Most of us have the habit of accepting any job delegated to us from our superior to please him/her. Whenever a task is delegated we will jump to say “Yes Boss”, “OK Sir/Madam”. It is a nice thing to say as long as you are able to fulfill the obligation on time. But when you’re unable to fulfill it, your reputation gets tarnished.

So isn’t it wise to simply say “No” if you cannot. It is understandable that this can be difficult, especially if you are a new employee striving to put yourself ahead of the competition you face from your colleagues, or you are a obedient employee and have never said “No” to your superior.

Just imagine the consequences when you are unable to complete your task. Your superior is simply going to accuse you for not accomplishing what you had accepted. And all the credits you earned are ultimately drowned and not recognized. The organization has to bear the consequences for your mistake. Simply, make your life easier by saying “No” to your boss.

Give yourself some time to think about the request before immediately saying no

If the request arrive via email or some other means besides a phone call or face to face conversation, don’t reply straight away. Set the request aside and think about it for a while.

If your boss asks you in person or on the phone, request some time to give it some thought and tell him/her that you will give them a reply by a specific time.

Consider the request carefully to determine if it is really unreasonable and whether you have to say no.

Prepare your answer before telling your boss no

Anticipate questions he/she might ask in response to your answer, and then decide how you want to answer them. Rehearse your conversation out loud to help build your confidence before the real conversation.

Choose the right time and place to speak with the boss

Have the conversation in private if your work situation allows you to get a moment alone with your boss.

Keep in mind your boss’ work day pressures and work style. If he/she is a morning person and gets grumpy in the afternoon, be sure to speak with him /her before lunch.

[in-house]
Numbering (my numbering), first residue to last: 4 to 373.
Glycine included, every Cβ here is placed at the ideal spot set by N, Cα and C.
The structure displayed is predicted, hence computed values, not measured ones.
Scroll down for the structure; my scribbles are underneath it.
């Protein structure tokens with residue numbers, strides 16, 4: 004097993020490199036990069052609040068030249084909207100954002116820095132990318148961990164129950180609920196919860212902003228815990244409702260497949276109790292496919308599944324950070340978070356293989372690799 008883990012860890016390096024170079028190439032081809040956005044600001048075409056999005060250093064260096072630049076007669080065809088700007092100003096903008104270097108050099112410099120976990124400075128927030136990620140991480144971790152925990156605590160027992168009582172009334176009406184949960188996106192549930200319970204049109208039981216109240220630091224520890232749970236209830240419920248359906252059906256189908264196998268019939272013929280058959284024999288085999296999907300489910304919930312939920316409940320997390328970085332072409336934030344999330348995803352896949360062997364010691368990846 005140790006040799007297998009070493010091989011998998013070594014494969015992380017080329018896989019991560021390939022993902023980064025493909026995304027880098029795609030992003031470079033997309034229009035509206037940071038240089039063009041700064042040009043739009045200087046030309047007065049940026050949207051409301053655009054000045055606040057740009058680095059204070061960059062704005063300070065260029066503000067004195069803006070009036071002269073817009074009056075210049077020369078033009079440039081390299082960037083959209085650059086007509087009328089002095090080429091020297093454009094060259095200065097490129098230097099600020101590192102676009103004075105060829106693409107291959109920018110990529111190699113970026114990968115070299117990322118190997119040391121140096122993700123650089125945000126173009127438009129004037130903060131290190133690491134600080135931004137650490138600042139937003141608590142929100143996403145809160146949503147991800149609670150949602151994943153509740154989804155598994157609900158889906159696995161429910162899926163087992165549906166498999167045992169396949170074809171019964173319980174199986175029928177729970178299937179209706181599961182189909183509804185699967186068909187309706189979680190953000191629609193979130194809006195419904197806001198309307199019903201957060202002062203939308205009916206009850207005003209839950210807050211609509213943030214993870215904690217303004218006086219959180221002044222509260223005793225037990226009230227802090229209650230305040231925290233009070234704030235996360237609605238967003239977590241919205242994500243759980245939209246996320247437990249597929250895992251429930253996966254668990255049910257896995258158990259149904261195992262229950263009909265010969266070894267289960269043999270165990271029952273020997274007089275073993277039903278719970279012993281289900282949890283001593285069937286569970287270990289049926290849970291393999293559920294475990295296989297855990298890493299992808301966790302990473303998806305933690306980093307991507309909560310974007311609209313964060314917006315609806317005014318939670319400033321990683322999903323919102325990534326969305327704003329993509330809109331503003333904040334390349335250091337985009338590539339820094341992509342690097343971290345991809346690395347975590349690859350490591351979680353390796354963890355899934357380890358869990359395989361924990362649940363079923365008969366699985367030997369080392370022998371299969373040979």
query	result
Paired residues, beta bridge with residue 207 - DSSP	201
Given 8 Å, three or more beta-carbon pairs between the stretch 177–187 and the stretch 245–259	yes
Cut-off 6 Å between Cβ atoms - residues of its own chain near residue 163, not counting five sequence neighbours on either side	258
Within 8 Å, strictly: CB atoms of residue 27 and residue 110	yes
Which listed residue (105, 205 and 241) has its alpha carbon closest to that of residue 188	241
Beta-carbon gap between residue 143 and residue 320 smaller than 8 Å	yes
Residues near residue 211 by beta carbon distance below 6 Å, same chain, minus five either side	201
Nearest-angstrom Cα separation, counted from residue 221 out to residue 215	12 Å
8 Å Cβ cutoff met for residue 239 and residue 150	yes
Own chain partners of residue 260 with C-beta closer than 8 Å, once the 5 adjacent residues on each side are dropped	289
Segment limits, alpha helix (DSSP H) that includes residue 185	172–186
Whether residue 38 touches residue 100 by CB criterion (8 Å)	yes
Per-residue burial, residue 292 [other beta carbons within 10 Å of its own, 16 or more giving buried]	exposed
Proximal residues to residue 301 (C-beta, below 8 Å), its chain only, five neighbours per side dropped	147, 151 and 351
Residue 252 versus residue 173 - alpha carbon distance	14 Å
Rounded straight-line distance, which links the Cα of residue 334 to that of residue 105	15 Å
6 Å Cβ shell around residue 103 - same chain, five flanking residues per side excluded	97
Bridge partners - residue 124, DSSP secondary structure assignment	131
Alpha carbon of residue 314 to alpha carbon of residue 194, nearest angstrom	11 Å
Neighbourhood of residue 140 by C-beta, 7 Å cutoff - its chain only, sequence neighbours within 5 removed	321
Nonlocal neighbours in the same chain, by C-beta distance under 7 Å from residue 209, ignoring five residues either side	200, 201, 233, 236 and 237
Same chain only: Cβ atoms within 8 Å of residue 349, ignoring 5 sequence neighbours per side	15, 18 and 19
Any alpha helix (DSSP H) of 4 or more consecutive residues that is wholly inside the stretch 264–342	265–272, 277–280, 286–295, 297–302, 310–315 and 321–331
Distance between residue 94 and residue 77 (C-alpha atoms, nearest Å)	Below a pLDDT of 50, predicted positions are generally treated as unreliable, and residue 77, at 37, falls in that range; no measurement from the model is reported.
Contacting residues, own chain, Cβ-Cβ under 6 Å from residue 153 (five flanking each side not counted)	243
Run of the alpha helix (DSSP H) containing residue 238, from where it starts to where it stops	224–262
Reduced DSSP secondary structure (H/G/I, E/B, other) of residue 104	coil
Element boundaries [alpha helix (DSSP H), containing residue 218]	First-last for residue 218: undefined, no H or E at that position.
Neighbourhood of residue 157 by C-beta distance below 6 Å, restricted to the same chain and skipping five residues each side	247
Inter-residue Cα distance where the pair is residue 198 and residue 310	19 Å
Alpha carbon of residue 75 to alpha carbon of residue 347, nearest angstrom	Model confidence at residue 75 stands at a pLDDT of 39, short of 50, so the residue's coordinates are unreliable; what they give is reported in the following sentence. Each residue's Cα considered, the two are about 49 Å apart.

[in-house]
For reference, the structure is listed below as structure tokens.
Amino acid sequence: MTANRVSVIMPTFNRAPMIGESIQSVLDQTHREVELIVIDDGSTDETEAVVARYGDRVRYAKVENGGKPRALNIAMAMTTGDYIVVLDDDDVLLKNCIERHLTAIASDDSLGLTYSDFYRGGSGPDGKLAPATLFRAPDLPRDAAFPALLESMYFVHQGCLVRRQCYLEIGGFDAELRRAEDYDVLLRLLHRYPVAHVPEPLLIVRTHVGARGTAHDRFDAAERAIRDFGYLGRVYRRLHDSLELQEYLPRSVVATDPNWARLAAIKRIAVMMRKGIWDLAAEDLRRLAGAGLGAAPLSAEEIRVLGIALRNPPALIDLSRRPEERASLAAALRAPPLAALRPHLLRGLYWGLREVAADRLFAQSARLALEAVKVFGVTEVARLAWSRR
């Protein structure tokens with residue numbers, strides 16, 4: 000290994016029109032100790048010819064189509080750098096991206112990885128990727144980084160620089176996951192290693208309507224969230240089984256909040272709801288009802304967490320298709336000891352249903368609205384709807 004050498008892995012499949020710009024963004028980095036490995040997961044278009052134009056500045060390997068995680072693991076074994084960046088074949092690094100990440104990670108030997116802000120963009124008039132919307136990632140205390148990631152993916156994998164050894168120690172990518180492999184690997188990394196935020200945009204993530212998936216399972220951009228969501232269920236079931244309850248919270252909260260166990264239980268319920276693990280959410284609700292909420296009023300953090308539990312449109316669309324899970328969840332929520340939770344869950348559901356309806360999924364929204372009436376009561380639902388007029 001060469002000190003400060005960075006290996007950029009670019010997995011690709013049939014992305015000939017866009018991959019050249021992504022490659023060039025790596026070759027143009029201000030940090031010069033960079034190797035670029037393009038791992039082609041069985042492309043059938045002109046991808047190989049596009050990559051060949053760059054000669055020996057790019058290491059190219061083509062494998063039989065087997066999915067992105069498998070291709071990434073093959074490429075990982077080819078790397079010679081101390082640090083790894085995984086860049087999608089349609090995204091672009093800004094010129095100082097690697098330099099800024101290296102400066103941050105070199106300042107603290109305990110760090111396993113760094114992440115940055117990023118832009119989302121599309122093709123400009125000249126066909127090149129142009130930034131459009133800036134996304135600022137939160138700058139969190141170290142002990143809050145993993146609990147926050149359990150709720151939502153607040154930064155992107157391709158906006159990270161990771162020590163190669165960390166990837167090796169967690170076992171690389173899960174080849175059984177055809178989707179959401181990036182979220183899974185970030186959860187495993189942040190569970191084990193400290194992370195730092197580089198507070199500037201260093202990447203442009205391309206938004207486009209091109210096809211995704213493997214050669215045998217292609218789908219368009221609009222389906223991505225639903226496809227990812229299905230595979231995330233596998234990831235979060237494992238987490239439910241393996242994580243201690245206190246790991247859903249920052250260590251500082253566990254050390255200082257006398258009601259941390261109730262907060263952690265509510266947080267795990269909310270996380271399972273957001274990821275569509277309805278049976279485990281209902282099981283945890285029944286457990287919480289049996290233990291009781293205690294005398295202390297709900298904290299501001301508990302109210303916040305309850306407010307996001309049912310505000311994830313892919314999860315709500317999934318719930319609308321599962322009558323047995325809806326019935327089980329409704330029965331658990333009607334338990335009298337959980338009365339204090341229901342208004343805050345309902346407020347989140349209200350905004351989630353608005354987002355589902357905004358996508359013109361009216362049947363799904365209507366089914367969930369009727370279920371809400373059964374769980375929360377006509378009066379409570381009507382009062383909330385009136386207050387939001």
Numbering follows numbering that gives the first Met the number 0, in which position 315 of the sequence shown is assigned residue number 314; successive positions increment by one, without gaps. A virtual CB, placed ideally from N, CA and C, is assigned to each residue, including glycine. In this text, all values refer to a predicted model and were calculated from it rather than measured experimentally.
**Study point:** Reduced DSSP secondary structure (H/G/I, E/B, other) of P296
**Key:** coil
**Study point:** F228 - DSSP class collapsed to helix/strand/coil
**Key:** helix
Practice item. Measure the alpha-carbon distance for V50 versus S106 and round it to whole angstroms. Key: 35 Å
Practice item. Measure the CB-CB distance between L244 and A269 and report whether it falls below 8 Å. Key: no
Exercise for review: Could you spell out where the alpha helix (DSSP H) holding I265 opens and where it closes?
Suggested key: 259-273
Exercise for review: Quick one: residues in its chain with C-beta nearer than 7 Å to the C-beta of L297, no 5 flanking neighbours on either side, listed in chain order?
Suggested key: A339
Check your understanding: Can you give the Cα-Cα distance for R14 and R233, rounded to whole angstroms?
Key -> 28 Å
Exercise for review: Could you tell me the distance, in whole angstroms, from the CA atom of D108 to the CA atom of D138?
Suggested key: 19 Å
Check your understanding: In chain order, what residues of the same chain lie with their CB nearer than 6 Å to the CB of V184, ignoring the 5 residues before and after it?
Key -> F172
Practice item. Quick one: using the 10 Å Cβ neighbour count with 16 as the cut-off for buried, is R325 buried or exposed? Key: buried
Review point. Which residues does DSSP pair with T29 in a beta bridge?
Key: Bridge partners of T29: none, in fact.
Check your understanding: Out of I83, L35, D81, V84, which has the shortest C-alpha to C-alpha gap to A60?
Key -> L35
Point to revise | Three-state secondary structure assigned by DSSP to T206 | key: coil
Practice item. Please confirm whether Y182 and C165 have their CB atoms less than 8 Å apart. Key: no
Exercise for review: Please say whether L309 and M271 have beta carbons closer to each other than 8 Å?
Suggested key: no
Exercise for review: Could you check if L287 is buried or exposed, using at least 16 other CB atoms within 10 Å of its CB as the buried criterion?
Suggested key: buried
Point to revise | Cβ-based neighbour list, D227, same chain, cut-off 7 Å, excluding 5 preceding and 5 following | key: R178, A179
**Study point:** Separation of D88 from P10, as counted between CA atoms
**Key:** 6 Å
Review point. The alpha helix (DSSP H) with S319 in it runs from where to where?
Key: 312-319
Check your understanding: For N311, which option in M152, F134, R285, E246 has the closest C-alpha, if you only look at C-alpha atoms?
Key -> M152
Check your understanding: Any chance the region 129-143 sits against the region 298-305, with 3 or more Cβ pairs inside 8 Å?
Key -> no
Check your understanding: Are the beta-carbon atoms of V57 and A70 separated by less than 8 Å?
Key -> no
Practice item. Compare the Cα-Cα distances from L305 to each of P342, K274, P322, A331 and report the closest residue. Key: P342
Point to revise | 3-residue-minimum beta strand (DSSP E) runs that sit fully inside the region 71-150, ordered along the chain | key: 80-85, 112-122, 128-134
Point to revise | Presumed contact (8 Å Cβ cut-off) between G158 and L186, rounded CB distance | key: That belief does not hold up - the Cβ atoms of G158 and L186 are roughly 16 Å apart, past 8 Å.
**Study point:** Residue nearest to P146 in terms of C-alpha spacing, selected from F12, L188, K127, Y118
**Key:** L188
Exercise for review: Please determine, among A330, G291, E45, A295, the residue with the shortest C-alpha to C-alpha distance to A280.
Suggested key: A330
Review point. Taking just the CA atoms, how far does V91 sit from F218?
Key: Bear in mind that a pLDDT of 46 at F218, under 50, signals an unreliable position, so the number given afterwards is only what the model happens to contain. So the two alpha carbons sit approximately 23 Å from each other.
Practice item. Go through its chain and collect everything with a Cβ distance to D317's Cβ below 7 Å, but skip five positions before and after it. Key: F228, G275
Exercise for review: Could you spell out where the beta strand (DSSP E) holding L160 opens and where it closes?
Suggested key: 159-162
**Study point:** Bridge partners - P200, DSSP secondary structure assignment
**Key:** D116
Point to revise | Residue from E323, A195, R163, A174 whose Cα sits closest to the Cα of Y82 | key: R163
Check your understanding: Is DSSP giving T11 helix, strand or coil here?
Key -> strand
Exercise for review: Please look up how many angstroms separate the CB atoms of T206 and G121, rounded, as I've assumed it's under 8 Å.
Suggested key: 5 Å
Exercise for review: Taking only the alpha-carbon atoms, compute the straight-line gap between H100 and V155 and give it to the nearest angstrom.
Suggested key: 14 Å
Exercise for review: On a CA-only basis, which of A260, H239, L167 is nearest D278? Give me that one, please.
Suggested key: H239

Pay your boss a compliment while denying his/her request

If your boss is asking you to take on more responsibility, that shows that he/she has faith in your ability to do the job. Acknowledge that it means a lot to you that he/she trusts you to do the job before telling him/her that you feel that you cannot do it.

Tell your boss why you have to say no to the request

Assuming that you have a legitimate reason for saying no, you have no reason to lie.

Most employers respect honesty in employees and will be grateful that you answered honestly, rather than trying to take on a project you cannot handle.

Offer an alternative solution

For example, f your boss asks you to serve on a committee, suggest someone else in the company that you think may be interested and capable of serving.

Try to compromise

Perhaps you can’t do exactly what your boss asked of you, but it might be possible for you to do some of it. For example, maybe you could offer to share the workload with someone else.

Are you interested to hear more about topics like this, do join us for a training session held by The Young Professional Group, and conducted by professional trainers from Digne Consult. Training sessions are scheduled to start in April 2015, in the mean time, do like us on Facebook and follow up on Twitter for more update.

Facebook: https://www.facebook.com/theyoungprofessionalgroup

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Referenced from: Short cuts to Excellence by Frank Kuijsters of Digne Consult

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